Hi Guys,

Having some trouble with basic modular arithmetic, most of the materials i have dont seem to be helping..

a simple question 2 mod 10 = 2.. how did they get = 2?

3 mod 18 = 3, could you please explain the process

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- Dec 12th 2010, 12:55 PMextaticModular Arithmetic
Hi Guys,

Having some trouble with basic modular arithmetic, most of the materials i have dont seem to be helping..

a simple question 2 mod 10 = 2.. how did they get = 2?

3 mod 18 = 3, could you please explain the process - Dec 12th 2010, 01:08 PMtonio
$\displaystyle a=b\!\!\pmod n\Longleftrightarrow n\mid (a-b)\Longrightarrow a-b=kn$ , when all the letters__Definition__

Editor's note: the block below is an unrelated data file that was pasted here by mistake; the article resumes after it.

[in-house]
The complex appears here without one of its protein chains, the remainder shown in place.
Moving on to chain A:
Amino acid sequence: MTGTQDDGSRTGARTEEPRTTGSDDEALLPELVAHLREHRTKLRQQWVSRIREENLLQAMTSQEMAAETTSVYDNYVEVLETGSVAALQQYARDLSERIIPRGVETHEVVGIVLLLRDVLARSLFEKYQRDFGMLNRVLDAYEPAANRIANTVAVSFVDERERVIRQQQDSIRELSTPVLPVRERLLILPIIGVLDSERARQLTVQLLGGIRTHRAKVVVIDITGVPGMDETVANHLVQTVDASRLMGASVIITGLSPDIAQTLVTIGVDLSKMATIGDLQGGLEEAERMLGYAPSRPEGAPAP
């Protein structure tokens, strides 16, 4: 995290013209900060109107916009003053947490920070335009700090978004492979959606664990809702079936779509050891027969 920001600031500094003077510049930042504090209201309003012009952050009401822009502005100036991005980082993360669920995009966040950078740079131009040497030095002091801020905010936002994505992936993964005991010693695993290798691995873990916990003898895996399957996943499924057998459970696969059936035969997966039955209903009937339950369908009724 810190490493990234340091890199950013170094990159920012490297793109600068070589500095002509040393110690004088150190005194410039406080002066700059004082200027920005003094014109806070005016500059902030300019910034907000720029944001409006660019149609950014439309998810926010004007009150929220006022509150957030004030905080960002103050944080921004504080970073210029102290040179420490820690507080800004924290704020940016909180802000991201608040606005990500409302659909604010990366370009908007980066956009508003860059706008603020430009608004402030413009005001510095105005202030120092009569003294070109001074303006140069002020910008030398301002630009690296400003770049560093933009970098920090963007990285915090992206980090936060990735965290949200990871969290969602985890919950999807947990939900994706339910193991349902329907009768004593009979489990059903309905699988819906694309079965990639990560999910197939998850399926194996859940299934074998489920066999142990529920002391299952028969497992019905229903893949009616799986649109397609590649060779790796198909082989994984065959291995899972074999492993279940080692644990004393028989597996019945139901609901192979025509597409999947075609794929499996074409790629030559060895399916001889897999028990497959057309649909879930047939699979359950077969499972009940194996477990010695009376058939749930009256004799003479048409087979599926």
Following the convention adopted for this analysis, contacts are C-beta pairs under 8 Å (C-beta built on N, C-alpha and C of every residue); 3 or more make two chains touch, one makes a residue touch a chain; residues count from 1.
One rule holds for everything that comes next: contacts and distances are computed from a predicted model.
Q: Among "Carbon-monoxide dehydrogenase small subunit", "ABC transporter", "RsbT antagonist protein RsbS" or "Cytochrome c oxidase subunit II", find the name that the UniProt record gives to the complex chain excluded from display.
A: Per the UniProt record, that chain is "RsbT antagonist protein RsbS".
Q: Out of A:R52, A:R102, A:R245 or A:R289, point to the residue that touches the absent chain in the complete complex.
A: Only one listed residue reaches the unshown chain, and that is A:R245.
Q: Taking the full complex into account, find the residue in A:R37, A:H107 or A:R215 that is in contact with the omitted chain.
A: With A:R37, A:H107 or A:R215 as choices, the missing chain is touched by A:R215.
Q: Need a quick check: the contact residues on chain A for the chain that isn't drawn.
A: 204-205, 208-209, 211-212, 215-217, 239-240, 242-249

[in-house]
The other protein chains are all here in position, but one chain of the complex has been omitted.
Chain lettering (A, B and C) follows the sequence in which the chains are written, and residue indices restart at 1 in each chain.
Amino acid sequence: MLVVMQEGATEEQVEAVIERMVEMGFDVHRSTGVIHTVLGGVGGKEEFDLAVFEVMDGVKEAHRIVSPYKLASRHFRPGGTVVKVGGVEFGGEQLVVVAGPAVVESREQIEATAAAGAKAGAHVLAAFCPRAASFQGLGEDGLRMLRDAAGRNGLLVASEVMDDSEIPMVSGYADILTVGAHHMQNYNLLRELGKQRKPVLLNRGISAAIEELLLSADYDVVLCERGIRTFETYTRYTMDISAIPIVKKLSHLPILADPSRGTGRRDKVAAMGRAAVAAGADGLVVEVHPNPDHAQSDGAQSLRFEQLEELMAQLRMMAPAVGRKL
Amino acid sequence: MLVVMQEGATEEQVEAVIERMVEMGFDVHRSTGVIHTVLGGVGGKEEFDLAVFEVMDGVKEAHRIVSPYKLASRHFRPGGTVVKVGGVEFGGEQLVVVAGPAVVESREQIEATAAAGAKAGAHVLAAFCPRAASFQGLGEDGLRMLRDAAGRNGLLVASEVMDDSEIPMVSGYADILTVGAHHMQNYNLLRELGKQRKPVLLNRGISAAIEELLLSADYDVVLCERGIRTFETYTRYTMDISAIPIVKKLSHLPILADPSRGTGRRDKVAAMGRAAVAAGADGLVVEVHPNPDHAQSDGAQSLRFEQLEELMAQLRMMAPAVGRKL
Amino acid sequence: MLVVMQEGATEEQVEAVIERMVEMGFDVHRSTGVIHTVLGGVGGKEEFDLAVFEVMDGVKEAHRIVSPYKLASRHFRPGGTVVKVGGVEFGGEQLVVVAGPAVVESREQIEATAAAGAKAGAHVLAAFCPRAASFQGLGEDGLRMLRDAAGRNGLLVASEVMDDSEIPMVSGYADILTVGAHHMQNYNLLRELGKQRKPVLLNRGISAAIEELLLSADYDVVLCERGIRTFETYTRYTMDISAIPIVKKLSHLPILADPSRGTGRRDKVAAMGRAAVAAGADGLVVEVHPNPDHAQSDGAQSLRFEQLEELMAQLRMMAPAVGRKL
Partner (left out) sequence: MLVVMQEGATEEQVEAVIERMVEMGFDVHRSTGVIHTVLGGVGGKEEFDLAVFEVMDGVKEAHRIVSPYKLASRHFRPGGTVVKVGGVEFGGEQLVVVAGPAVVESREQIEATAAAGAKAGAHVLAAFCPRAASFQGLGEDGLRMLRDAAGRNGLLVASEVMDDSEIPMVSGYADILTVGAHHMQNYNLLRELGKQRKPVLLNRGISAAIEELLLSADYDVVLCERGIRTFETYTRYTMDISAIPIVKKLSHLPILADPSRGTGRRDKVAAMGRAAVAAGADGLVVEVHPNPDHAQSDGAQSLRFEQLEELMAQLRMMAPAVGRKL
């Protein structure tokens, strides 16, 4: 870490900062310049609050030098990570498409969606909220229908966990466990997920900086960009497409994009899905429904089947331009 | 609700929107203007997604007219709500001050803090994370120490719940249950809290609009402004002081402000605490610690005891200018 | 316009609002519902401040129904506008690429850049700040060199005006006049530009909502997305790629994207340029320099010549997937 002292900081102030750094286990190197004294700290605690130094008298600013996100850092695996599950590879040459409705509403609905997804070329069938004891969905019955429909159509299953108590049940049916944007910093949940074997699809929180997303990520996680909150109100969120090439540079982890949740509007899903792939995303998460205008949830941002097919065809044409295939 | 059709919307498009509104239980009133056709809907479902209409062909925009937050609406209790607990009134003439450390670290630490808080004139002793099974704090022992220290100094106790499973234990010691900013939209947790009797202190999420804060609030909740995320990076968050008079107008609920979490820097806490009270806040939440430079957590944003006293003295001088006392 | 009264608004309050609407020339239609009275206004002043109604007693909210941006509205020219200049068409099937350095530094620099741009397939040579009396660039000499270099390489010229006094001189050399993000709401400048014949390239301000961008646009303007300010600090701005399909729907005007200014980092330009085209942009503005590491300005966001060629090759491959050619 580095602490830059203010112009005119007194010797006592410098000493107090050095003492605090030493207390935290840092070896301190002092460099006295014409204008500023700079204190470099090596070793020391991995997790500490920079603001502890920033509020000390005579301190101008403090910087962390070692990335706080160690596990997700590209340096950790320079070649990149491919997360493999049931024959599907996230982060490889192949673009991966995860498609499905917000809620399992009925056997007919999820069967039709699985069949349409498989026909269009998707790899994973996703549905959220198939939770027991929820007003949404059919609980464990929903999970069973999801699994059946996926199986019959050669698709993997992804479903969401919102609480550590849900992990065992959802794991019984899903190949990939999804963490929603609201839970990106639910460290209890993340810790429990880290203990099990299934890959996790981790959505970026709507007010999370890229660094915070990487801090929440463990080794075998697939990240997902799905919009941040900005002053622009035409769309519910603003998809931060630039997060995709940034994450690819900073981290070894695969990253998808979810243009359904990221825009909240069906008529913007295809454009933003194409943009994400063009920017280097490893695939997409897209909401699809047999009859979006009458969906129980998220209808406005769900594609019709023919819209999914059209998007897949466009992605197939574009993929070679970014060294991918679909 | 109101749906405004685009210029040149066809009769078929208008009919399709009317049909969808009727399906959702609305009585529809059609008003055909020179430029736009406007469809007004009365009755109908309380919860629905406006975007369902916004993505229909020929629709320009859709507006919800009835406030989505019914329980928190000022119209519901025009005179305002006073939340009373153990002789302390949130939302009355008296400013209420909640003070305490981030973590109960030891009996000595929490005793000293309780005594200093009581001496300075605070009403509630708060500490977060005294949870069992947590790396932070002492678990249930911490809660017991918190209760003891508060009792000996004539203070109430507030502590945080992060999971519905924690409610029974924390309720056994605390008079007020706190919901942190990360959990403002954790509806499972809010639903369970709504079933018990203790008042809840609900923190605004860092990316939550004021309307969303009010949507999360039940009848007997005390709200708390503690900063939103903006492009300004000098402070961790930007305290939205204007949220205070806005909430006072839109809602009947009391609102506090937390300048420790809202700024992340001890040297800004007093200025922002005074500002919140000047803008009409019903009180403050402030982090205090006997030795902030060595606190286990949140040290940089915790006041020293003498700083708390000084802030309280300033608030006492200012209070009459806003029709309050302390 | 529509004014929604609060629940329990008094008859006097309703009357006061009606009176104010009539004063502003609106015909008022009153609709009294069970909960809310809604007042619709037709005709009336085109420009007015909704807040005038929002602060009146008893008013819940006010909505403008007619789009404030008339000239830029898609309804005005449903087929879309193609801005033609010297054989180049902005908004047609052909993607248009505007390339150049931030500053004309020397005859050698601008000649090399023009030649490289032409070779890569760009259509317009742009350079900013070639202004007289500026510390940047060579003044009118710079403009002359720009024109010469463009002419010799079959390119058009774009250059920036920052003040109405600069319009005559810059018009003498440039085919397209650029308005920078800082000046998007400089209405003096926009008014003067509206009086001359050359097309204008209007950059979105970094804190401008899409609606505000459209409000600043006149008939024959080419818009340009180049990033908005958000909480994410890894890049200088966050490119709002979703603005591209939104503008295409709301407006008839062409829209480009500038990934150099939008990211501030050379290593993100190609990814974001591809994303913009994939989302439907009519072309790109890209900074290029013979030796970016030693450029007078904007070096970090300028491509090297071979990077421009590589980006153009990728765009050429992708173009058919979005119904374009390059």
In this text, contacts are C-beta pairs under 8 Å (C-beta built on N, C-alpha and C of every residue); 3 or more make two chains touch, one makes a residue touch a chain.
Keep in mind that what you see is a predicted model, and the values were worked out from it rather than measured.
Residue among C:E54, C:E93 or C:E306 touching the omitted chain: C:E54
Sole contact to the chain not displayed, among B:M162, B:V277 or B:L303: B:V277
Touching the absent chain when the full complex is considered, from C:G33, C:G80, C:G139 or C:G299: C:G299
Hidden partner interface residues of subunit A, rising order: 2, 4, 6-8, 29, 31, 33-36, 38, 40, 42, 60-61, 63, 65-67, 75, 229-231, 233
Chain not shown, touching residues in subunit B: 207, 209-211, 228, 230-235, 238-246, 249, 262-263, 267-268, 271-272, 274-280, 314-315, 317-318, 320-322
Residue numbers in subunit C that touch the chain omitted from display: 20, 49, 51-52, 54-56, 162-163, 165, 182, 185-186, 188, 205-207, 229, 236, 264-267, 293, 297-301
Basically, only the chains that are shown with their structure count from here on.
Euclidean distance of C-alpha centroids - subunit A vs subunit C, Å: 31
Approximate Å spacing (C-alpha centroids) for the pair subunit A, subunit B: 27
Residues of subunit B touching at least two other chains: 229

here symbolize integer numbers.

Thus, $\displaystyle 2=2\!\!\pmod{10}$ because $\displaystyle 10\mid(2-2=0)\,,\,\,0=10\cdot 0$ , and etc.

A less trivial example: $\displaystyle 11=47\!\!\pmod{18}\,\,because\,\,11-47=-36=18\cdot (-2)$

Tonio - Dec 12th 2010, 01:15 PMextatic
- Dec 12th 2010, 01:45 PMtonio
- Dec 12th 2010, 02:00 PMPetek
I'd like to add to tonio's reply. Programmers use b (mod n) to represent the remainder upon dividing b by n. For example, 7 (mod 5) equals 2, since 7/5 = 1, with remainder 2. See , for example, section 3.4 of

*Concrete Mathematics*by Graham, Knuth and Patashnik. - Dec 12th 2010, 02:10 PMextatic
Thank you to you both :)

Petek thank you for that.. - Dec 12th 2010, 08:53 PMextatic
If this helps anyone,

2648 (mod 7)

2648 / 7 = 378.28...........

378 x 7 = 2646

2648 - 2646 = 2

2468 (mod 7) = 2

thanks for the help guys